So coming back to Paris as we will always have Paris. Many memories here over the years and family visits as well as worked oh well; Paris is a big spot on the globe for me. There is so much to see here and tell if you like architecture and history as me and Paris. I just went to my vault and found me a picture, and why not a post on it for the memories. I like to tell you about the National Archives of France at the Hôtel de Soubise! And yes a late night shot lol!

The Archieves National ,Hôtel de Soubise, rue des Francs Bourgeois 3éme arrondissement de Paris. The Hôtel de Soubise, formerly Hôtel de Clisson then Hôtel de Guise, is a Parisian townhouse located at the corner of the current rue des Francs-Bourgeois and rue des Archives in the 3éme arrondissement of Paris in the Marais. The hotel, today is part of the National Archives.


A bit of history I like

In 1371, Olivier de Clisson, Constable of France, began the construction of a private mansion on the land he had just acquired outside the ramparts of Philippe Auguste. Of this first hotel, only the fortified door with its corbelled turrets topped with pepper shakers, overlooking the rue des Archives, the only vestige still visible of private architecture of the 14C in Paris, is preserved today.

In 1553, property of the Albret family, the Hôtel de Clisson was acquired by François de Lorraine, Duke of Guise and his wife Anne d’Este, granddaughter of Louis XII. In the middle of the 16C, it was rebuilt by Henri 1er of Lorraine-Guise, to become the Hôtel de Guise, a place where the influence of this branch of the House of Lorraine is exerted. Poets, such as Malherbe, and scholars, such as François Roger de Gaignières, who installed his famous collection of drawings there, also found refuge there at that time.

In 1700, the two princesses sold the Hôtel de Guise to François de Rohan-Soubise and Anne de Rohan-Chabot, his wife. The new facade of the Hôtel de Soubise and the colonnade of the courtyard were then built from 1705 to 1709. Prince Hercule Mériadec de Rohan-Soubise inherited his parents’ palace in 1712 and occupied it until his death in 1749. His grandson, Charles de Rohan-Soubise, Marshal of France, succeeds him and enjoys the place until his death in 1787. After the departure for the emigration of the prince and his children, during the French revolution, the Hôtel de Soubise is seized , and was diverted from its princely uses, and used, for fifteen years, for various activities – barracks, administrations, housing, factories -, which put it in a sad state. The hotels of Soubise and Rohan, which were sold to a speculator in 1807, a month before the death of the princess. In 1808, the two hotels were acquired by the state; Napoleon Ier assigned the Hôtel de Soubise to the Imperial Archives and the Hôtel de Rohan to the Imperial Printing Office.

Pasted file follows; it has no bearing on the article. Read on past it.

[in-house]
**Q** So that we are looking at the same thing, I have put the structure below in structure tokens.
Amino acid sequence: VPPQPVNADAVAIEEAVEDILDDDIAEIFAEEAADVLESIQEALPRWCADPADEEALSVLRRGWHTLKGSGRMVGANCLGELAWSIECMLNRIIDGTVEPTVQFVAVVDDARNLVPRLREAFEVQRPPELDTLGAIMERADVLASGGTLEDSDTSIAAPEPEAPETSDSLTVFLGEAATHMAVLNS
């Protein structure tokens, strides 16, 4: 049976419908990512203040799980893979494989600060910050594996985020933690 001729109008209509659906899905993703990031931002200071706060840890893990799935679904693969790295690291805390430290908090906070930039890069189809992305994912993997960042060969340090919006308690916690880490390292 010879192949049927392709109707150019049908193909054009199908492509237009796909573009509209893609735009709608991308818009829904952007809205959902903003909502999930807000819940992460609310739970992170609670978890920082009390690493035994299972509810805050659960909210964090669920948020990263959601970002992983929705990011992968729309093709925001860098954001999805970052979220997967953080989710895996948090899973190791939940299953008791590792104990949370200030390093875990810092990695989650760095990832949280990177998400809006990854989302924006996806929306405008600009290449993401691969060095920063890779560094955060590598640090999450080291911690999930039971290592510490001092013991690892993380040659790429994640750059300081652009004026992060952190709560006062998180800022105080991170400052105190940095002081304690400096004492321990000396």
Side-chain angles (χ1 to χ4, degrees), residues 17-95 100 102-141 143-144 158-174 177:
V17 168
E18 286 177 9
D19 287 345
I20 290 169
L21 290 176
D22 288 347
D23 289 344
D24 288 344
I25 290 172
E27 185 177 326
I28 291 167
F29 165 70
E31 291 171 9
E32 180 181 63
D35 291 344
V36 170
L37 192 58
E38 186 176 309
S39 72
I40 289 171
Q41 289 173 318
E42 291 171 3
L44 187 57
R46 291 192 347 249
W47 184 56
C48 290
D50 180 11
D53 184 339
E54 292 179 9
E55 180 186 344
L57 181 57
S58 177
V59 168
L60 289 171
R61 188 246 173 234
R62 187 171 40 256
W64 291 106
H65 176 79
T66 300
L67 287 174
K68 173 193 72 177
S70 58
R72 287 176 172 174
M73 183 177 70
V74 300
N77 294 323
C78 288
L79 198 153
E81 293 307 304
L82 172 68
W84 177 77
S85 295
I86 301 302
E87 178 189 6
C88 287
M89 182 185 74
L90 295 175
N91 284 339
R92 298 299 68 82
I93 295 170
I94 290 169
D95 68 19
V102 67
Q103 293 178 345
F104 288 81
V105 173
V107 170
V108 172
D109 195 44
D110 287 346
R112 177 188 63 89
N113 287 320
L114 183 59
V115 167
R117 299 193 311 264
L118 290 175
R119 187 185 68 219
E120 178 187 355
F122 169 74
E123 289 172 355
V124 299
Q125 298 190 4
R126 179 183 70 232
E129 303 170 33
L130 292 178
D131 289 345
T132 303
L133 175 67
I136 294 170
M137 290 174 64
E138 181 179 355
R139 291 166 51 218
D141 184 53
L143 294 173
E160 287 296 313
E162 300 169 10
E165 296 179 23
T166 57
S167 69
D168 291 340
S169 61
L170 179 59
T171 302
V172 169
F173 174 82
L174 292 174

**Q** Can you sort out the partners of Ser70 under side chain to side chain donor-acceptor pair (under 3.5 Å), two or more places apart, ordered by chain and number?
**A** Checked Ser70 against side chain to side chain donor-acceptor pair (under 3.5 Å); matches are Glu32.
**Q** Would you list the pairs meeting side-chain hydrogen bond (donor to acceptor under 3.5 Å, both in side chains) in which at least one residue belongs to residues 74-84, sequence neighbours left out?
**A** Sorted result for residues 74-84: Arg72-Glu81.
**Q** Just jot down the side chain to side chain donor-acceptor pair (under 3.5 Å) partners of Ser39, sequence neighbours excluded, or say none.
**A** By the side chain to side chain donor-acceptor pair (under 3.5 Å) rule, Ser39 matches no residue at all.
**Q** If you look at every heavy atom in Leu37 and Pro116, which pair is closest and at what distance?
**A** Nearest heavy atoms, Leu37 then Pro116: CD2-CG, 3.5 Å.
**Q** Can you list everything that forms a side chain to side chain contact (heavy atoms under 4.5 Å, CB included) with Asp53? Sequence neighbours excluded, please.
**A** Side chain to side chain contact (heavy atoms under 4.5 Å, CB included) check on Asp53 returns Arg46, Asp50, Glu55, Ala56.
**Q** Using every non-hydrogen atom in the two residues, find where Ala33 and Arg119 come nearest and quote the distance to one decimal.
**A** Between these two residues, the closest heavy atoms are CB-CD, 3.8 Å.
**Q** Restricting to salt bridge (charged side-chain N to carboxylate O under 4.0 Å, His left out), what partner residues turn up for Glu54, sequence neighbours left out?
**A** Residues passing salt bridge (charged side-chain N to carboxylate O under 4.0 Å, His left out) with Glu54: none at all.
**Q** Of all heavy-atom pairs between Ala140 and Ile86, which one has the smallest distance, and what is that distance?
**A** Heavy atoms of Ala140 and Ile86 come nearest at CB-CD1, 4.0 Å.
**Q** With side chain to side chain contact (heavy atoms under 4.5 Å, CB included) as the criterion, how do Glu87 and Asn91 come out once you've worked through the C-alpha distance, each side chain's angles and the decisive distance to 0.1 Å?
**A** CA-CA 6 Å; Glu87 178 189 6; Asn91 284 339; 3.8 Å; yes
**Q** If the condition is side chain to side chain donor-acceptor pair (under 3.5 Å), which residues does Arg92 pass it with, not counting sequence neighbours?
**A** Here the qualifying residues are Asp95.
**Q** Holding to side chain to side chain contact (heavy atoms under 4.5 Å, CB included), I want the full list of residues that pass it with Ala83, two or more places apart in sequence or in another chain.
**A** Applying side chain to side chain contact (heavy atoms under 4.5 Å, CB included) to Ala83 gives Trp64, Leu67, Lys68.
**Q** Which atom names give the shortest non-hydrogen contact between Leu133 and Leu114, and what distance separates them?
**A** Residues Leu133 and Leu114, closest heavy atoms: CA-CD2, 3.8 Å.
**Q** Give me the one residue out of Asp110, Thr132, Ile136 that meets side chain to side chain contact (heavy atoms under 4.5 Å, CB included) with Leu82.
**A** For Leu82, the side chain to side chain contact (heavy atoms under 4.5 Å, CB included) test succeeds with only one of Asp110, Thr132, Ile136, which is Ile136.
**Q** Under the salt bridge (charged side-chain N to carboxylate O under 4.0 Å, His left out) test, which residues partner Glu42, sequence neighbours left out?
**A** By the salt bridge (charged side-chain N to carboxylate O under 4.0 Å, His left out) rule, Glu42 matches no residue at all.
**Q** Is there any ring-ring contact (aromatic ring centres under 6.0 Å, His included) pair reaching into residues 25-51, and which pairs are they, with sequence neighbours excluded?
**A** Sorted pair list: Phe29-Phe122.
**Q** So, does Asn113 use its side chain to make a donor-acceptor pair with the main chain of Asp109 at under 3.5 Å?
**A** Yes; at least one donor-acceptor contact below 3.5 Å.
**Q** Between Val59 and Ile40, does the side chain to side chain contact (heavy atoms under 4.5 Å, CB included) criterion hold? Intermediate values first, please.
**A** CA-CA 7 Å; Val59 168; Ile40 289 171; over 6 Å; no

The National Archives continued to occupy the site throughout the 19-20C. Under Louis-Philippe and Napoleon III, they annexed four other neighboring mansions, notably the hotels of Jaucourt, Le Tonnelier de Breteuil and Assy, rue des Francs -Bourgeois, and, in 1927, the Hôtel de Rohan, in turn, abandoned by the Imprimerie Nationale (old Imperial  printing office). From 1846 to 1866, the École des Chartres also settled there. The first construction, now called the Louis-Philippe deposits, were built in the eastern extension of the Hôtel de Soubise. The Parliament Gallery is the culmination of the new repository to house the state’s judicial records. a second phase of works was launched in 1859. This new construction extends the corner pavilion of the Louis-Philippe wing and is today called the Napoleon III depot. In 1866, the symbolic character of the room was reinforced by the integration of the iron wardrobe. The creation of this safe had been ordered by the National Constituent Assembly in 1790 in order to protect the most precious documents from fire and theft. In the 19C, this wardrobe became the conservatory of the pieces considered the most emblematic in the history of France. Since 1996, the iron safe has housed all of France’s constitutional texts. It also contains pieces as priceless as the standard meter and the standard kilogram of 1799, the diary of Louis XVI, the jeu de paume Court Oath and the text of the law of June 20, 1936 instituting paid holidays.The museum of the National Archives occupies certain rooms of the Hôtel de Soubise since its creation, in 1867.

One nice monument in a very popular area of the Marais, maybe you passed by without realising treasures of France are kept here. Hope you enjoy the post and go by see it. Some webpages to help you know more about it are

Official National Archieves on the Hôtel de Soubise in French: Archives Nationales de France on Hotel de Soubise

The official National Archieves on the museum part in French: Archives Nationales on the museum

The tourist office of Paris on the National Archives museum at the Hôtel de Soubise in English: Tourist office of Paris on museum national archives

One awesome building where the museum can be visited and fun while doing your walk in historically and architecturally stunning the Marais. Enjoy the National Archives and the Hôtel de Soubise in Paris!

And remember, happy travels, good health, and many cheers to all!!!